by Pa Rock
Saturday evening at the movies - a nice conclusion to a beautiful Arizona day!
Body of Lies is a contemporary war thriller that chased terrorists, ours and theirs, in and out of several middle eastern countries. Leonardo DiCarpio starred as an on-the-ground CIA operative whose operations were continually screwed up by his stateside handler, Russel Crowe, a suburban Washington D.C. father of young children who telephoned in mayhem while standing on the sidelines of his daughter's soccer game.
DiCaprio, one of the finest actors of his generation, was amazing as he bounced around the sands of the Middle East like a scorpion on speed. He was tough, relentless, and very, very deadly. Yet, despite his necessary brutalities, he was able to deftly demonstrate that cooperation and a sense of culture could be employed much more effectively in the war on terrorism than any amount of testosterone-soaked American machismo.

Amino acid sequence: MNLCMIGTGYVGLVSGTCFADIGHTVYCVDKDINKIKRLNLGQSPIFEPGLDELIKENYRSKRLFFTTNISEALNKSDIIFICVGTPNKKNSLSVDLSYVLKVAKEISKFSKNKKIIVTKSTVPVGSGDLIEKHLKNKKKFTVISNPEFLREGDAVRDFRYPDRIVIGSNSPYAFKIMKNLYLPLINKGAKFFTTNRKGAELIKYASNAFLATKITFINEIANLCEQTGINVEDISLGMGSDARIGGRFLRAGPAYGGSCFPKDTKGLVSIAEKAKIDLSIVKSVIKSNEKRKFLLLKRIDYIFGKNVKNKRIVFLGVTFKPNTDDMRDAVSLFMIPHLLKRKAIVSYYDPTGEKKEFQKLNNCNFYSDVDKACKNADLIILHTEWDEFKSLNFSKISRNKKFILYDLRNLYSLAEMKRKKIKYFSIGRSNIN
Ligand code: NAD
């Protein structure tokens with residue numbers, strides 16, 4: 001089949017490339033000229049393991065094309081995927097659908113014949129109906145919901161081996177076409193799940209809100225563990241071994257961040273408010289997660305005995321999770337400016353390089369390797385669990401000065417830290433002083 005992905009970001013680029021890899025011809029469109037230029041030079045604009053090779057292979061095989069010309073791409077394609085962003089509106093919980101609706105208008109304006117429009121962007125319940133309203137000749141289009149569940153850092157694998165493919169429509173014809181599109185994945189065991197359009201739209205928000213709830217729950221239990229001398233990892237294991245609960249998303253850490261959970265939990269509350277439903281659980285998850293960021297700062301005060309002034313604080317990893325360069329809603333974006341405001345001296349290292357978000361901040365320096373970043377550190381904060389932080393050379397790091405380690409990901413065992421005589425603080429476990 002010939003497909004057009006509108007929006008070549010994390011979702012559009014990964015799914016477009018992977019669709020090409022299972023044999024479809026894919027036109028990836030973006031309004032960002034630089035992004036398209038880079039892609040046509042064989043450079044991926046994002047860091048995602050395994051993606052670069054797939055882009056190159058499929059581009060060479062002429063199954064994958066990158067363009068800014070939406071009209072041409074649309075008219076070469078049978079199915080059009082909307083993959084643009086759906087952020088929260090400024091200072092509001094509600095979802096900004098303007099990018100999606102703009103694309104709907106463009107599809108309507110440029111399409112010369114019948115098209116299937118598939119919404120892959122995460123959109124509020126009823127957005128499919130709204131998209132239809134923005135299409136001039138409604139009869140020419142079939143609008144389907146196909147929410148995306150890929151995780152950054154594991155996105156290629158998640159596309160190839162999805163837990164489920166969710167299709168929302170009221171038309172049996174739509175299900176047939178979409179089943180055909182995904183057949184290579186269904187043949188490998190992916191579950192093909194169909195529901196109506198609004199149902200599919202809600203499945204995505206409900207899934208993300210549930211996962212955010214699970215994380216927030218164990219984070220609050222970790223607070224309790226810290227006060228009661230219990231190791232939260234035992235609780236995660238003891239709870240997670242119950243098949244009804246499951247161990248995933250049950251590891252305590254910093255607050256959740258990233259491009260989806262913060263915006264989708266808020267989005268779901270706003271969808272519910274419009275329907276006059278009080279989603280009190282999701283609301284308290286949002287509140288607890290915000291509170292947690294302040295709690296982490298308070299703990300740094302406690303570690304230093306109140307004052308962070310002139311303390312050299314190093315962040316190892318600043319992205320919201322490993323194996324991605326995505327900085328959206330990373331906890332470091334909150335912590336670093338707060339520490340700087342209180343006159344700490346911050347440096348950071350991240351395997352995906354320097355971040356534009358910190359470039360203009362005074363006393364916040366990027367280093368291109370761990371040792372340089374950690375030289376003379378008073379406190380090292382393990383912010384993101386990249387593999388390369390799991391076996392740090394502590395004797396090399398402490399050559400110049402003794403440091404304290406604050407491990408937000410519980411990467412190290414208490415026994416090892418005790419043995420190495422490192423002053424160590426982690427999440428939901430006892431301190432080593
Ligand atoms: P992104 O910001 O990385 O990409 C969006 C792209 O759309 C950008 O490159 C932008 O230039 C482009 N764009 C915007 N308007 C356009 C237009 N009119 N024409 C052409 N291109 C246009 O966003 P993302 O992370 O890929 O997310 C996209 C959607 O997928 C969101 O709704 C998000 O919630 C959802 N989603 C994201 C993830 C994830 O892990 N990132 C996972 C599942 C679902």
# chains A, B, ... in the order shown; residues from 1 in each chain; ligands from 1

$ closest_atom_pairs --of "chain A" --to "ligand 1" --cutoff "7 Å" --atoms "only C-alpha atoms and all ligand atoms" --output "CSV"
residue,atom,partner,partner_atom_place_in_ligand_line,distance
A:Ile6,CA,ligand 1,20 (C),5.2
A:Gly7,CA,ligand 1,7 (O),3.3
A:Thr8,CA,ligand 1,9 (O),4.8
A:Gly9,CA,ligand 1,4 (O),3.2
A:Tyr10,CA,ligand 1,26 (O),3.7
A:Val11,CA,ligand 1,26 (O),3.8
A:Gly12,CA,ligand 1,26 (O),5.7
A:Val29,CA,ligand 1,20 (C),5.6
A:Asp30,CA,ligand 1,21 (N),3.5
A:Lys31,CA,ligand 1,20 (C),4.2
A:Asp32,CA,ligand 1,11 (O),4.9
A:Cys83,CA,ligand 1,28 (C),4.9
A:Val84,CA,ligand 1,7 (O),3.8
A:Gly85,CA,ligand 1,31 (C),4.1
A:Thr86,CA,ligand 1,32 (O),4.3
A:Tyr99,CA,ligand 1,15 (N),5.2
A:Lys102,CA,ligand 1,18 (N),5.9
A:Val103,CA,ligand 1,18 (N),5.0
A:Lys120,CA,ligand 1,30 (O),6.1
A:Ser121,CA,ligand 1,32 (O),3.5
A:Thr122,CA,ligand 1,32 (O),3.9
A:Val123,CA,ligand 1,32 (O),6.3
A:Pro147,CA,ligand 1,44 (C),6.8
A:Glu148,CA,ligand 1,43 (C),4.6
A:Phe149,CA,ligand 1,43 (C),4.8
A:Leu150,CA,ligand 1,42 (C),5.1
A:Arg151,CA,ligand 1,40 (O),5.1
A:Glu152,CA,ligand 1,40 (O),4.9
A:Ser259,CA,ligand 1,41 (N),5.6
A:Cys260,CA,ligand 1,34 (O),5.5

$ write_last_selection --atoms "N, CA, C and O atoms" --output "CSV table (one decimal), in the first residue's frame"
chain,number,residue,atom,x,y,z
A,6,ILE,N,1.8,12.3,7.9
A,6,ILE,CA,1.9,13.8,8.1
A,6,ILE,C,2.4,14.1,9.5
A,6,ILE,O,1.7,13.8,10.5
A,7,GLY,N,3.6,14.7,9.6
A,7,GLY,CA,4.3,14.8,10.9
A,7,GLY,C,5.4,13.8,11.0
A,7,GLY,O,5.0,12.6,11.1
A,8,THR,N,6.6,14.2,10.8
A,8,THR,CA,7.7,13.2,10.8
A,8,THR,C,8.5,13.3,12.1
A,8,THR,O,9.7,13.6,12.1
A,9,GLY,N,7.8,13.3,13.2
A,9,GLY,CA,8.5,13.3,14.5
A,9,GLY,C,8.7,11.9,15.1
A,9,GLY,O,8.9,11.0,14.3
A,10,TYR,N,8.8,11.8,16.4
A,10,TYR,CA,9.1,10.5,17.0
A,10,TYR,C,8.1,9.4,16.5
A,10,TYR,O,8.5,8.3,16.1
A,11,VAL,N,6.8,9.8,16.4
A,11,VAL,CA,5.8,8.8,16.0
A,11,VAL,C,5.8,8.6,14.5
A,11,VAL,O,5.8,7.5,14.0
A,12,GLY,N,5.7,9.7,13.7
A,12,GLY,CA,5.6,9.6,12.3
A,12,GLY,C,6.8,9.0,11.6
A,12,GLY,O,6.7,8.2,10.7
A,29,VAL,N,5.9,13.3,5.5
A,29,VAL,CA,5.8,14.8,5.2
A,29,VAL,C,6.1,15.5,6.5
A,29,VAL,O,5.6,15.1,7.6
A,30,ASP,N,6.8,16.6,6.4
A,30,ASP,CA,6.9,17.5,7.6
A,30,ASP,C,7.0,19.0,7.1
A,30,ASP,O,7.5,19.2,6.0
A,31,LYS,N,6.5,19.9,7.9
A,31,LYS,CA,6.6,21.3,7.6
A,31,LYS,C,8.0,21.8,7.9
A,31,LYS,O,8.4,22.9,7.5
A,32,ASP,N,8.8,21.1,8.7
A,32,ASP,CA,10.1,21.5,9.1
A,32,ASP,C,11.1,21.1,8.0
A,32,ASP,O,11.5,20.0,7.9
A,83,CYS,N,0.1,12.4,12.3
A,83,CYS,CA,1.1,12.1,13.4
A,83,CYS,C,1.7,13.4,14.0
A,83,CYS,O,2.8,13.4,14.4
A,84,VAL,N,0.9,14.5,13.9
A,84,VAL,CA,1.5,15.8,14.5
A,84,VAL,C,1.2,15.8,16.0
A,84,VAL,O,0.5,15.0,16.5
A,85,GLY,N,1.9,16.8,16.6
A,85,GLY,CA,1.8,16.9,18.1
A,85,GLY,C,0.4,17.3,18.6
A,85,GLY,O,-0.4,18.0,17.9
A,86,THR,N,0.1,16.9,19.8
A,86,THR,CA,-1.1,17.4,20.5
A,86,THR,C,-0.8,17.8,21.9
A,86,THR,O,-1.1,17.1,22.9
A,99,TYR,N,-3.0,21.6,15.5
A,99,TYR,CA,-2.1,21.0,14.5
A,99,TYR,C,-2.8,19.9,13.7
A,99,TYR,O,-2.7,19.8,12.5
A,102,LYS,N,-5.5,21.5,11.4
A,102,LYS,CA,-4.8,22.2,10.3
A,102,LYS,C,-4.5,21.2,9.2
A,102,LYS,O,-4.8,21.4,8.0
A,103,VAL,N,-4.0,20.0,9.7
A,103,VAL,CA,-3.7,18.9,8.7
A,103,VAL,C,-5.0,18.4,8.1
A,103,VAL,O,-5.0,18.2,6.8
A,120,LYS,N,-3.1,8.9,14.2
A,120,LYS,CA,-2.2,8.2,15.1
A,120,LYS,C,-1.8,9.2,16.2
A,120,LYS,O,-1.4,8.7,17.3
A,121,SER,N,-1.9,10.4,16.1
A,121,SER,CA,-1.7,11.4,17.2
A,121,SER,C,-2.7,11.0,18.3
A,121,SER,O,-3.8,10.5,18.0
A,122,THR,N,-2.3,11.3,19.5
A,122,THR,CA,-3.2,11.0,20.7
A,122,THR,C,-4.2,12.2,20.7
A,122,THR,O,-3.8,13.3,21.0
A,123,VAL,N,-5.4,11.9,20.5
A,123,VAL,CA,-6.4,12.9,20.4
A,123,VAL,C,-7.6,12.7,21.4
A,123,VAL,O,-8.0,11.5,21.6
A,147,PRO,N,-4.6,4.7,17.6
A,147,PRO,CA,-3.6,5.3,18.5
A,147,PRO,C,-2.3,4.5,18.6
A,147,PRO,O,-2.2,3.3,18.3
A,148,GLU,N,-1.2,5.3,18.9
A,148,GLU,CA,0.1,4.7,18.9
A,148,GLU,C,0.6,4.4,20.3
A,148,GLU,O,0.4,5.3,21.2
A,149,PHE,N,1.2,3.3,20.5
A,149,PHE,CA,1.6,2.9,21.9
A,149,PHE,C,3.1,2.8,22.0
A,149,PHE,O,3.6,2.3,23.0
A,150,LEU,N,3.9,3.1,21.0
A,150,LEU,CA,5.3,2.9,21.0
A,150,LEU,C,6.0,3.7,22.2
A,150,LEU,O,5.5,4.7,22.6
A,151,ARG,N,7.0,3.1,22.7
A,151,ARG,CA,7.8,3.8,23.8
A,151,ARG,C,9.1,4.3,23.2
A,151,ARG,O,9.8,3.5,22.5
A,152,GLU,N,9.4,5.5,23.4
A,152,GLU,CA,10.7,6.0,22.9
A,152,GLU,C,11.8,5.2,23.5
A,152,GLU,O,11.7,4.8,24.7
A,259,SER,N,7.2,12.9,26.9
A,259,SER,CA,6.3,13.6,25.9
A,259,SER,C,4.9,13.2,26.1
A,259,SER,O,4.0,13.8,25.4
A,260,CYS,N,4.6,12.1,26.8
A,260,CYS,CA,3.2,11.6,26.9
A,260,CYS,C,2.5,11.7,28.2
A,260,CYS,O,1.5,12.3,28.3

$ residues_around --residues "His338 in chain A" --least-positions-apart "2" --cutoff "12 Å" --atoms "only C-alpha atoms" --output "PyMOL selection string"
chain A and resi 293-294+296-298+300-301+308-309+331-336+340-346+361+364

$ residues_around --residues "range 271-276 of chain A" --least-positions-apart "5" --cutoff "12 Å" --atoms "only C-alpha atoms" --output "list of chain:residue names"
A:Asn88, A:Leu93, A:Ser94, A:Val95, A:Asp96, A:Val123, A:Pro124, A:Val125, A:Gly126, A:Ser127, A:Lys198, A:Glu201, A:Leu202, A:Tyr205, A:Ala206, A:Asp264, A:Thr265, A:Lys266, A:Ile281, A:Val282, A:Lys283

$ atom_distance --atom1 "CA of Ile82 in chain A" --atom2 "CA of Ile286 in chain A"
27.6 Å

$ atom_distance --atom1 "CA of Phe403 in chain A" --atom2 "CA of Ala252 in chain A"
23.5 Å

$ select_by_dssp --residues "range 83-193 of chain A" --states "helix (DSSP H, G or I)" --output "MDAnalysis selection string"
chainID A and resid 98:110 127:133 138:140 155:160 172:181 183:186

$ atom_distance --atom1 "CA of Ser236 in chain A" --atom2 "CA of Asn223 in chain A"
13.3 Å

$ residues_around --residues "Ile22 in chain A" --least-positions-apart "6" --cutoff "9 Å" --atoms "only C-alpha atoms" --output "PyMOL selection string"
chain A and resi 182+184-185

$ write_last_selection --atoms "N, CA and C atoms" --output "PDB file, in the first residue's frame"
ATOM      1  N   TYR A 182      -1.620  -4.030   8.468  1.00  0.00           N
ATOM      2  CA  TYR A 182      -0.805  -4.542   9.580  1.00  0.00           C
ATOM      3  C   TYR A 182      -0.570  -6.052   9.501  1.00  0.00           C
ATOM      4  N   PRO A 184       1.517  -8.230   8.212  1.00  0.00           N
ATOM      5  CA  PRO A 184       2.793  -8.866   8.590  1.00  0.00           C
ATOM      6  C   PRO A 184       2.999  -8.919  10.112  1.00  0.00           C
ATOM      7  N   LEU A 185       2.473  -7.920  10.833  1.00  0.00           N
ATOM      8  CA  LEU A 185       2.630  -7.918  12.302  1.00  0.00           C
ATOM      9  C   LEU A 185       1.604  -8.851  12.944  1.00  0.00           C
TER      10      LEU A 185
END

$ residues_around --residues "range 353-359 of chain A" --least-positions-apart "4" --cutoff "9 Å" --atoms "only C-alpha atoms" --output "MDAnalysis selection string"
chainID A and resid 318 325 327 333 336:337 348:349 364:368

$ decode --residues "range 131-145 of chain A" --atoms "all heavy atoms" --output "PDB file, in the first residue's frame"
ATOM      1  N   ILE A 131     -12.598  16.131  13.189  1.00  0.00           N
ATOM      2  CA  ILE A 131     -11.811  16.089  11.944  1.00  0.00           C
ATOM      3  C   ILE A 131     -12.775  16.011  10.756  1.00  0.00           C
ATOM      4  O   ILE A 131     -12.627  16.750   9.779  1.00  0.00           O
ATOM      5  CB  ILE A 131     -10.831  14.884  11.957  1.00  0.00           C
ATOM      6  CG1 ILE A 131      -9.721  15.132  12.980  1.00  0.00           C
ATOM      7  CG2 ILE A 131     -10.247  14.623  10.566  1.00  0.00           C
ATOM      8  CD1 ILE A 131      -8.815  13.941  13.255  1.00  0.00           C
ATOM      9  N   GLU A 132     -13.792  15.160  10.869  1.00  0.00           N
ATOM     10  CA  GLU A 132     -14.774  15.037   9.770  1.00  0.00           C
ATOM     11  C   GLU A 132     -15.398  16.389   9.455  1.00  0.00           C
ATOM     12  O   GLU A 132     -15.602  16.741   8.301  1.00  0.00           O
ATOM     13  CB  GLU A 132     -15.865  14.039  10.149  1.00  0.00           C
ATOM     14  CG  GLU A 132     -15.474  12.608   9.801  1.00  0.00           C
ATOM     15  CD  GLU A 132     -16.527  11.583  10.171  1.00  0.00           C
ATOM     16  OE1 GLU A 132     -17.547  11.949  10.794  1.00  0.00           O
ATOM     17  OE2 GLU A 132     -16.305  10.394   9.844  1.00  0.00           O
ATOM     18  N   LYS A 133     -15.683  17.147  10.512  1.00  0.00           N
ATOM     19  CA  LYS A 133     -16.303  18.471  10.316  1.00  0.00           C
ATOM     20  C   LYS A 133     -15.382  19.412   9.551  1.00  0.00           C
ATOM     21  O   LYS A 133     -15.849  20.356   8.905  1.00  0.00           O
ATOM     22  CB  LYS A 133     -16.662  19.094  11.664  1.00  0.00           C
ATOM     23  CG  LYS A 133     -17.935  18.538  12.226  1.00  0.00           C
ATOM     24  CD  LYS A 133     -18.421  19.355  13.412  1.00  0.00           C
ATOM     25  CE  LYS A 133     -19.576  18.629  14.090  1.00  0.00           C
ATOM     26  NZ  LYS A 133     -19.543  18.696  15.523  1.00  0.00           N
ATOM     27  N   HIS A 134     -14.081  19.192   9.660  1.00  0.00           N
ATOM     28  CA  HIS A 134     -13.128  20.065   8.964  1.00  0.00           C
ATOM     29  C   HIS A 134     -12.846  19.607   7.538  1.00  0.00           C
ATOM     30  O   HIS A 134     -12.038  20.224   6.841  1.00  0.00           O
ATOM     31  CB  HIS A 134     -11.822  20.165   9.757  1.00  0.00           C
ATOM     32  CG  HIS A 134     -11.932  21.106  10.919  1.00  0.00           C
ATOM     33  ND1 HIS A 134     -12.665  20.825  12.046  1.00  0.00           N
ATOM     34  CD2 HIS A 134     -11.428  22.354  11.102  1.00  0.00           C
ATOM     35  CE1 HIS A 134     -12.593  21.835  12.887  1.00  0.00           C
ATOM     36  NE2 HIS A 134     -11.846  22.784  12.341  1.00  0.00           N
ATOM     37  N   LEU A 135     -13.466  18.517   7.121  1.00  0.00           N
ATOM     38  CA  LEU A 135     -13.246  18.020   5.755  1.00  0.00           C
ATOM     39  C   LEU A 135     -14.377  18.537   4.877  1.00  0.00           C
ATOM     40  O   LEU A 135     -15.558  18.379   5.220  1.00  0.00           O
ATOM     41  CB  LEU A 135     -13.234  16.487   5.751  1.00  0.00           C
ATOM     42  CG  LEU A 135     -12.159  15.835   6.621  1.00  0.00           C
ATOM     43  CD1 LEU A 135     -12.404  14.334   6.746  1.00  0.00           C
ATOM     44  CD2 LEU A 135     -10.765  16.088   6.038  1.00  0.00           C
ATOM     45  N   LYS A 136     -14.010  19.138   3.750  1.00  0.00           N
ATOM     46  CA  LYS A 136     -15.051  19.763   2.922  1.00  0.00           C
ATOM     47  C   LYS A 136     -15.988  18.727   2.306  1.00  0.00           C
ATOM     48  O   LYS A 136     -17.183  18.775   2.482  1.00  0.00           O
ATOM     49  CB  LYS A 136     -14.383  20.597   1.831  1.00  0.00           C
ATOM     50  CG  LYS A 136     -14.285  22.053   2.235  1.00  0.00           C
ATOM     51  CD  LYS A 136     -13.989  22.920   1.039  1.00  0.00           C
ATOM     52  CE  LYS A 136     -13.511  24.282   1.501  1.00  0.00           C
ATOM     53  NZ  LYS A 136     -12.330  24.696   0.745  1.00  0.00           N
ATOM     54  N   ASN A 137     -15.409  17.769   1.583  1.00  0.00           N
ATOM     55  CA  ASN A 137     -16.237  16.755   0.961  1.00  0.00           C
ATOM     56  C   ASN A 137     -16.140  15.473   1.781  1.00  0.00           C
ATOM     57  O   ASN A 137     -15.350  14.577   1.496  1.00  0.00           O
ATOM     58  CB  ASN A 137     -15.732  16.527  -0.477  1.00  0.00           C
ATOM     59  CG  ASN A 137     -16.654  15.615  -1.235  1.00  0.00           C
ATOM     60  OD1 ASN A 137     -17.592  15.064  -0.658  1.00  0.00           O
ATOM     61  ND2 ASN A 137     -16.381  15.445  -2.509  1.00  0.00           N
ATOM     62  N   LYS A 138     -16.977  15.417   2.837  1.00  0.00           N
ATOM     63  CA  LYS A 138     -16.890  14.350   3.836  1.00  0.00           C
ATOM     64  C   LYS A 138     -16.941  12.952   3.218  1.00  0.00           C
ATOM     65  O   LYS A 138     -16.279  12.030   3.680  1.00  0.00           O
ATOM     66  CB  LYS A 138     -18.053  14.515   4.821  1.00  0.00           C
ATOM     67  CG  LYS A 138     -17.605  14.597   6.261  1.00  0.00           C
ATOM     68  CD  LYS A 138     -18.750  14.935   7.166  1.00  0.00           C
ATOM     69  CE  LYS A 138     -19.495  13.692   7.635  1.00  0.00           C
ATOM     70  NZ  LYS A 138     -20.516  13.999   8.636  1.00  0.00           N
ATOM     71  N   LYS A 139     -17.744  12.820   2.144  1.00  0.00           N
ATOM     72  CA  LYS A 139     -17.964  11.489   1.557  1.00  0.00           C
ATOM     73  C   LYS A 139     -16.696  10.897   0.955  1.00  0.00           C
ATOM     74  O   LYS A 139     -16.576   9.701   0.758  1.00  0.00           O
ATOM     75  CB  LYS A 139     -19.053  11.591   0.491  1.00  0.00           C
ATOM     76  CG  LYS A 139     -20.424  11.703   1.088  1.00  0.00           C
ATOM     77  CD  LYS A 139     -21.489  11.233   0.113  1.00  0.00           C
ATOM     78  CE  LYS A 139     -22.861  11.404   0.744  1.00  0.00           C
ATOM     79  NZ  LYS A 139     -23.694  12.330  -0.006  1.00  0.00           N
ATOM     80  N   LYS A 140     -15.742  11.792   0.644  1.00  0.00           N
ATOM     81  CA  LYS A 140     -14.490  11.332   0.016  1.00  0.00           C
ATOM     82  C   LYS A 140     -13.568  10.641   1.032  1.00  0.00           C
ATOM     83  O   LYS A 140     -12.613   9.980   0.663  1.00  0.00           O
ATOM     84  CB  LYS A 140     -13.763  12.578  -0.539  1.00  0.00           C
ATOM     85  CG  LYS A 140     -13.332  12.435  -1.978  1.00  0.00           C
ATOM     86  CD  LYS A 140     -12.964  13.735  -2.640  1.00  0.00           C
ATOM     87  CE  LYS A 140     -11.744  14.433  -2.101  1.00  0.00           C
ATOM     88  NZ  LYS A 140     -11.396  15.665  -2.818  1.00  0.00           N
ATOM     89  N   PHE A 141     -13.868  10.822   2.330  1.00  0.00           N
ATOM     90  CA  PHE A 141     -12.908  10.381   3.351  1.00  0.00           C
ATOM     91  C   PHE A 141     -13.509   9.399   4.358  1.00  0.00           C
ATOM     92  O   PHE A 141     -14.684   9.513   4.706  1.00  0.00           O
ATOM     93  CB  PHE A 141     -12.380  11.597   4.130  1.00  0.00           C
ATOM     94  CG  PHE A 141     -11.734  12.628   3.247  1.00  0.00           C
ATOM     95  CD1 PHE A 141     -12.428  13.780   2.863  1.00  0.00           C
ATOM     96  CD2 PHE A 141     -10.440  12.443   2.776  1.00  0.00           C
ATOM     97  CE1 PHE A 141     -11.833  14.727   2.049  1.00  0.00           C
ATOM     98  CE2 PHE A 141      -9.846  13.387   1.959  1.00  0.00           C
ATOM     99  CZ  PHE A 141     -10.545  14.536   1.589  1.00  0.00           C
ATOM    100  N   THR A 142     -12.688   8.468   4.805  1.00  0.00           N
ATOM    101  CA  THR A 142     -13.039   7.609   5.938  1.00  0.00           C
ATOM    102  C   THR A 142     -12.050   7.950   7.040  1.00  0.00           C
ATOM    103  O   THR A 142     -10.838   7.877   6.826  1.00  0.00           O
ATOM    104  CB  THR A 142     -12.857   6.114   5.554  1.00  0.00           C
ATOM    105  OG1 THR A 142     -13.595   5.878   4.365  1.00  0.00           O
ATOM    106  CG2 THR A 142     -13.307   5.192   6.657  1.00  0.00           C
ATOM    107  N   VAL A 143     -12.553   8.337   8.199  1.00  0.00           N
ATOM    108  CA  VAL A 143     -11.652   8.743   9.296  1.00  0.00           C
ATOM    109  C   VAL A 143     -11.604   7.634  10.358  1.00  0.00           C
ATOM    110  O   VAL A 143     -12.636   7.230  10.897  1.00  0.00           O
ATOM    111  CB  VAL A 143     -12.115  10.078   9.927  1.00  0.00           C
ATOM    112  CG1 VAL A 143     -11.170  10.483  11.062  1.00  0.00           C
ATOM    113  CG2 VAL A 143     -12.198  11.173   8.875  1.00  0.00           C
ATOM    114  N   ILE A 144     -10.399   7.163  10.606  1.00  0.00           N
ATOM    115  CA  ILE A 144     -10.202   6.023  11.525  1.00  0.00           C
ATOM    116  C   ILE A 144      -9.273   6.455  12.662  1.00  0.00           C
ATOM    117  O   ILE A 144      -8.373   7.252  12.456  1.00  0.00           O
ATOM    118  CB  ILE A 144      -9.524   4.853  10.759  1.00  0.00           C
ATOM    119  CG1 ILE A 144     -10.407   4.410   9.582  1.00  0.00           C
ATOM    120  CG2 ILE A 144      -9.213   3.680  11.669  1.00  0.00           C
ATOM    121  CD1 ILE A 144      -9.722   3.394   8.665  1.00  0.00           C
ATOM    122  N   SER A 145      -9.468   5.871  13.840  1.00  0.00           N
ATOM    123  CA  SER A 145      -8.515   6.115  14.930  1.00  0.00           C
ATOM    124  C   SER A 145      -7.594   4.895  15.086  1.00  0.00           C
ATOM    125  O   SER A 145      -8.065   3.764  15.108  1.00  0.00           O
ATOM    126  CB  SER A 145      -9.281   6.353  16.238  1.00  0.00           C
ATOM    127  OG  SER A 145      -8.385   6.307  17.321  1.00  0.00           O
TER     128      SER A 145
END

Crowe, himself an especially talented actor, never managed to animate his character with much believability or passion. His performance was so mediocre that a second-year drama student would have probably fared better. For some reason the Aussie actor was either instructed or chose to put on a lot of weight for this film, although the reason for portraying his character as an overstuffed suburbanite was never made clear. Perhaps it was to show CIA bureaucrats, and Americans in general, as slovenly consumers of the world's wealth. Whatever the logic, Crowe's excess lard was as disconcerting as his lame acting.
This movie spoke to the need to view conflict from a human perspective. The clash of ideologies was seen as an ebb-and-flo phenomenon with the human pawns left to secure their own survival. The story clung to Leonardo DiCaprio as a garment of America's potential for redemption, and he wore it with grace and honor.